As some of you know, Living Intentionally is located in Japan. Japan has just experienced its biggest earthquake in recorded history. Things are rather complicated here.

I was far from the epicentre when the earthquake struck, so I was in no immediate danger. As I was right at Shimizu Port in Shizuoka City, however, the danger from a potential tsunami was very real. We got to high ground at Kusanagi and watched the news for any information. The information was spotty at first, and that posed real concerns.

Cell phone service was badly disrupted, so contacting my kids was difficult. Eventually, word came that the girls were fine, but my son’s location wasn’t known. The relief felt upon finding him was profound.

The next 24 hours was all about getting to Tokyo to be with/take care of family. Now that I’m here, the concern is for us all to not be exposed to radiation. Apparently, there’s been an explosion at one of the Fukushima nuclear reactors. The government and TEPCO are being both quiet and contradictory about the state of things. As such, I can only assume the worst.

About all I can do at this point is to ensure that my family eats sufficient kelp to build iodine stores in the body and hope that all the preparation is for nothing. I’d appreciate you keeping a kind thought for us. The tsunami wiped entire towns and villages off the planet. Thousands are missing and it’s only going to get worse.

Wow. Just wow.

  1. Trane I have been thinking of you and wondering how you and your family survived these horrific events in Japan. I just happened to switch the news on not long after the quake and to see the massive waters flooding from the tusanami well … there has to be a horrific death count. 4 passenger trains are missing altogether as is one ship with 100 people on board. Given it happened on a Friday afternoon those trains would have been FULL of commuters.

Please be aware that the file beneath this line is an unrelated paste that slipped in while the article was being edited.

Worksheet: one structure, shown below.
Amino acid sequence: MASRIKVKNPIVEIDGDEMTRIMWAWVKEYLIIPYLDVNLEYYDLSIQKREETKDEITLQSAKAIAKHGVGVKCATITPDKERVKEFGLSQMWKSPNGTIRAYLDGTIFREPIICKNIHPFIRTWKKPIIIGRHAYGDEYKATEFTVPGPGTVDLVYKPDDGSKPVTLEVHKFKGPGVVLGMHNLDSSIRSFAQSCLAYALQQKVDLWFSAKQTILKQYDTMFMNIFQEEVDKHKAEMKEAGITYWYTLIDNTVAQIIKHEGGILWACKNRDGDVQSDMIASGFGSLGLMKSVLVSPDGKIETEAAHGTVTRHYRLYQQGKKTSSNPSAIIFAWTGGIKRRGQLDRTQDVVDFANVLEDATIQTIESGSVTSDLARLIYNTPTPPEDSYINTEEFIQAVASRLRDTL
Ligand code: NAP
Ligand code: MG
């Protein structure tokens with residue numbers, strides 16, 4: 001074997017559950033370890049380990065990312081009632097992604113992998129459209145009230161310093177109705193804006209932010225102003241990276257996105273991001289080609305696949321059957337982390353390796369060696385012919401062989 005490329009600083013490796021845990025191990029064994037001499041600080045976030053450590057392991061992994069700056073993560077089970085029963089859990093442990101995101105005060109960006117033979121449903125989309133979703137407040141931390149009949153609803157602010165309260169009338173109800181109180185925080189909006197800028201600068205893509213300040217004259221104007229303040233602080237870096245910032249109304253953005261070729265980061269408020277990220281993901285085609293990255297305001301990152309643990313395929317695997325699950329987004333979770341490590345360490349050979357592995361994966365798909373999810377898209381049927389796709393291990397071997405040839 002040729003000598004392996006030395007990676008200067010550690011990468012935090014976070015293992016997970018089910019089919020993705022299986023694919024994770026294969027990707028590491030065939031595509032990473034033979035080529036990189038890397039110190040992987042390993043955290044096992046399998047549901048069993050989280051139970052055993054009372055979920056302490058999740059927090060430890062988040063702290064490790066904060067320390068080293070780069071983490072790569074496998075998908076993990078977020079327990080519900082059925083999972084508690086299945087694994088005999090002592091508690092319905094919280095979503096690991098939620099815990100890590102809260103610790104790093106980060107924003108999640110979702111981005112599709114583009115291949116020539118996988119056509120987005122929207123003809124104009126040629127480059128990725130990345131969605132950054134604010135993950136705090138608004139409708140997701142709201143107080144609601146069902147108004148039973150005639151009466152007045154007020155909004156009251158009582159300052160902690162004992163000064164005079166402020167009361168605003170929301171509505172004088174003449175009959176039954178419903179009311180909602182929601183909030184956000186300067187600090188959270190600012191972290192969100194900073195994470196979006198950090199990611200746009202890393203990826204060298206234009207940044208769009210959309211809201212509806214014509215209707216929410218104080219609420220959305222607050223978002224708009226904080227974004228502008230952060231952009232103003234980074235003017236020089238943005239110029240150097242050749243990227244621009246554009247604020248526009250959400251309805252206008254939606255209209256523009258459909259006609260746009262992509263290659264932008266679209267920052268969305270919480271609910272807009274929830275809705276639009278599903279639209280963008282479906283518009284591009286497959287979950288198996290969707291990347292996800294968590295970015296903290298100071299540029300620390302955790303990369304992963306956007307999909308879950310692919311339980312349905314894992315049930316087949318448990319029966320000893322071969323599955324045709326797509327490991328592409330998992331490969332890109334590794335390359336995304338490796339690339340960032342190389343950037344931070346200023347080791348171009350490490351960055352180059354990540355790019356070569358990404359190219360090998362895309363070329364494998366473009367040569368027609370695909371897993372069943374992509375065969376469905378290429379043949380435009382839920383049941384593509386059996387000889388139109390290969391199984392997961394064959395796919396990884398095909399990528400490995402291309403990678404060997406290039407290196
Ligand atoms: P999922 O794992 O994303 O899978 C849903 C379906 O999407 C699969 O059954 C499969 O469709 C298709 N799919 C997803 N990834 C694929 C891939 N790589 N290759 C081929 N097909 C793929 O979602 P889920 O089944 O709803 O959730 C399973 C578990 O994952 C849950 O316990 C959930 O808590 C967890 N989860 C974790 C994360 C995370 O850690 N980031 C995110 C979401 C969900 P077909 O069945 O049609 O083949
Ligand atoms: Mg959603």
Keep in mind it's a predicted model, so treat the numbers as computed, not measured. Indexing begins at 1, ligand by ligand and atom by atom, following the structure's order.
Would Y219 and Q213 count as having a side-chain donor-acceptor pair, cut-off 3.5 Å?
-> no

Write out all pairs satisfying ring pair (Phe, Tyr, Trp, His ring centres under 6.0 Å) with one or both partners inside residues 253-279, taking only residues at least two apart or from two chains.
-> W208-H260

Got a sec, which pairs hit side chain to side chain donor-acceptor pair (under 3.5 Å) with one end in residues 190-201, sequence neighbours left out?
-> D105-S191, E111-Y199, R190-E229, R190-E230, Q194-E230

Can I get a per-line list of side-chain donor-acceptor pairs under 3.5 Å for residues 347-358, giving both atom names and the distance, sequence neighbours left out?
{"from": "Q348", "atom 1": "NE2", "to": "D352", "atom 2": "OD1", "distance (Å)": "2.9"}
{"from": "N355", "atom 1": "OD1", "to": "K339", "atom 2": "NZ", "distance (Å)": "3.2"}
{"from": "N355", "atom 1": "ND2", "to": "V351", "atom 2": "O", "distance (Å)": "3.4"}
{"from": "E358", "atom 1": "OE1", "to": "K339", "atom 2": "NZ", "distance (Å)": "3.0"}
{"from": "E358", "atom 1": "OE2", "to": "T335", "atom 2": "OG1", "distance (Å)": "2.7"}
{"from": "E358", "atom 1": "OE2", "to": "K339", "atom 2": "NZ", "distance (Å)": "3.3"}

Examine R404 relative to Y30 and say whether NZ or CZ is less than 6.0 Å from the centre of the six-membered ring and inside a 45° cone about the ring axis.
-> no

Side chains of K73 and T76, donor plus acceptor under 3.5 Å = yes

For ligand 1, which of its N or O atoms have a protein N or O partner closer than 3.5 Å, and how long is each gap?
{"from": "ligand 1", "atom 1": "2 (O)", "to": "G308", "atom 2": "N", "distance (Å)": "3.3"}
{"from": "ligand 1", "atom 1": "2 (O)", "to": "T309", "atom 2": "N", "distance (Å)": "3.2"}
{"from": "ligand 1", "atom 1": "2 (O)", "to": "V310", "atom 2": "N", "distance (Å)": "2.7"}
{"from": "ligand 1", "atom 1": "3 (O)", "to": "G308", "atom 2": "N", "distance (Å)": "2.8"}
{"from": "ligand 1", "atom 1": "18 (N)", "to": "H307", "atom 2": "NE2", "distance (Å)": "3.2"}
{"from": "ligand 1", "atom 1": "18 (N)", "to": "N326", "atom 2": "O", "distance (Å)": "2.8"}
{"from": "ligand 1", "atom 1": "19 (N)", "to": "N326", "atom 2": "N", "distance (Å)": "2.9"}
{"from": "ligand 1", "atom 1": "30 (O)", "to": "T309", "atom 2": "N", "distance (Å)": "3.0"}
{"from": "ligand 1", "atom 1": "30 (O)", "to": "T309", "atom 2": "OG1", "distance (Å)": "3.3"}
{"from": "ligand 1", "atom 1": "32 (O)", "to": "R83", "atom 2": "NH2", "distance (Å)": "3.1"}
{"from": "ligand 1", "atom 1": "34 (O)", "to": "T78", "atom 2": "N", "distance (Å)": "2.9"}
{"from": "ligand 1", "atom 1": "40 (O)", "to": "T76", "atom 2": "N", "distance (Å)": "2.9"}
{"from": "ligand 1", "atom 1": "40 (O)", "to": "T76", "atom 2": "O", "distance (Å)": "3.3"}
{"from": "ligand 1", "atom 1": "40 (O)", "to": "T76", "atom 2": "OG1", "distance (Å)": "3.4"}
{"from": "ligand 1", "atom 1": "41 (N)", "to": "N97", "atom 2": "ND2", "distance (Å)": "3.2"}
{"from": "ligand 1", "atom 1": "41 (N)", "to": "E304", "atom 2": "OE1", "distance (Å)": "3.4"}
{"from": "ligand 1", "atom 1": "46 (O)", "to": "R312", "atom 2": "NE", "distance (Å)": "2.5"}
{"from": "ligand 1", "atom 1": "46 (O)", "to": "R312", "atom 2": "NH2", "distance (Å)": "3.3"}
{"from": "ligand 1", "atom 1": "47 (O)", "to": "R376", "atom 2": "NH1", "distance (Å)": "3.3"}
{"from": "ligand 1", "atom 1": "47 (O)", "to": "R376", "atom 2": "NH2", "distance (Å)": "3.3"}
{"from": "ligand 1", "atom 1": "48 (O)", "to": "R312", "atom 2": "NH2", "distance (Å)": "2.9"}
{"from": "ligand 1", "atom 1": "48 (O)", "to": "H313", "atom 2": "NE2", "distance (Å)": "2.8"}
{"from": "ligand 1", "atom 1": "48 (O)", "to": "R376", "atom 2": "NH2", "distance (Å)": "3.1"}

The information coming through on the nuclear situation from Al Jazeera [better even than the BBC which has been good; CNN has been more sensational] is that the US has flown in some equipment which will help to cool the reactor down. However for a radius of 10 km people are being given tablets and warned to evacuate. How truthful this is .. who knows. But that is what is coming over the news which is 24/7 at the moment.

    When these disasters happen in one’s own part of the world the whole savage side of nature is presented to us in all its fury. It is unforgiving and causes unimagineable loss and pain to thousands of people.

    My thoughts are with you and your family and with all of those in Japan whose lives have been affected by these events. The carnage on the streets after the water subsided is unbelievable. If you do not have television and wish to communicate with the outside world please feel free to contact me. My email address is attached to this posting privately.

    Lyn in Oz

    • Hi, Lyn.

      Thanks for the kind thoughts. Here in the Tokyo area, things are absolutely fine. Once the disturbance to the power grid was solved, things have gotten quite back to normal. The initial tremblor put a fair bit of chaos into motion, but that has nicely resolved. About the only issue that remains is that of the reactor and we’re taking in a fair bit of kelp now to help build up healthful iodine stores in the body. Just in case.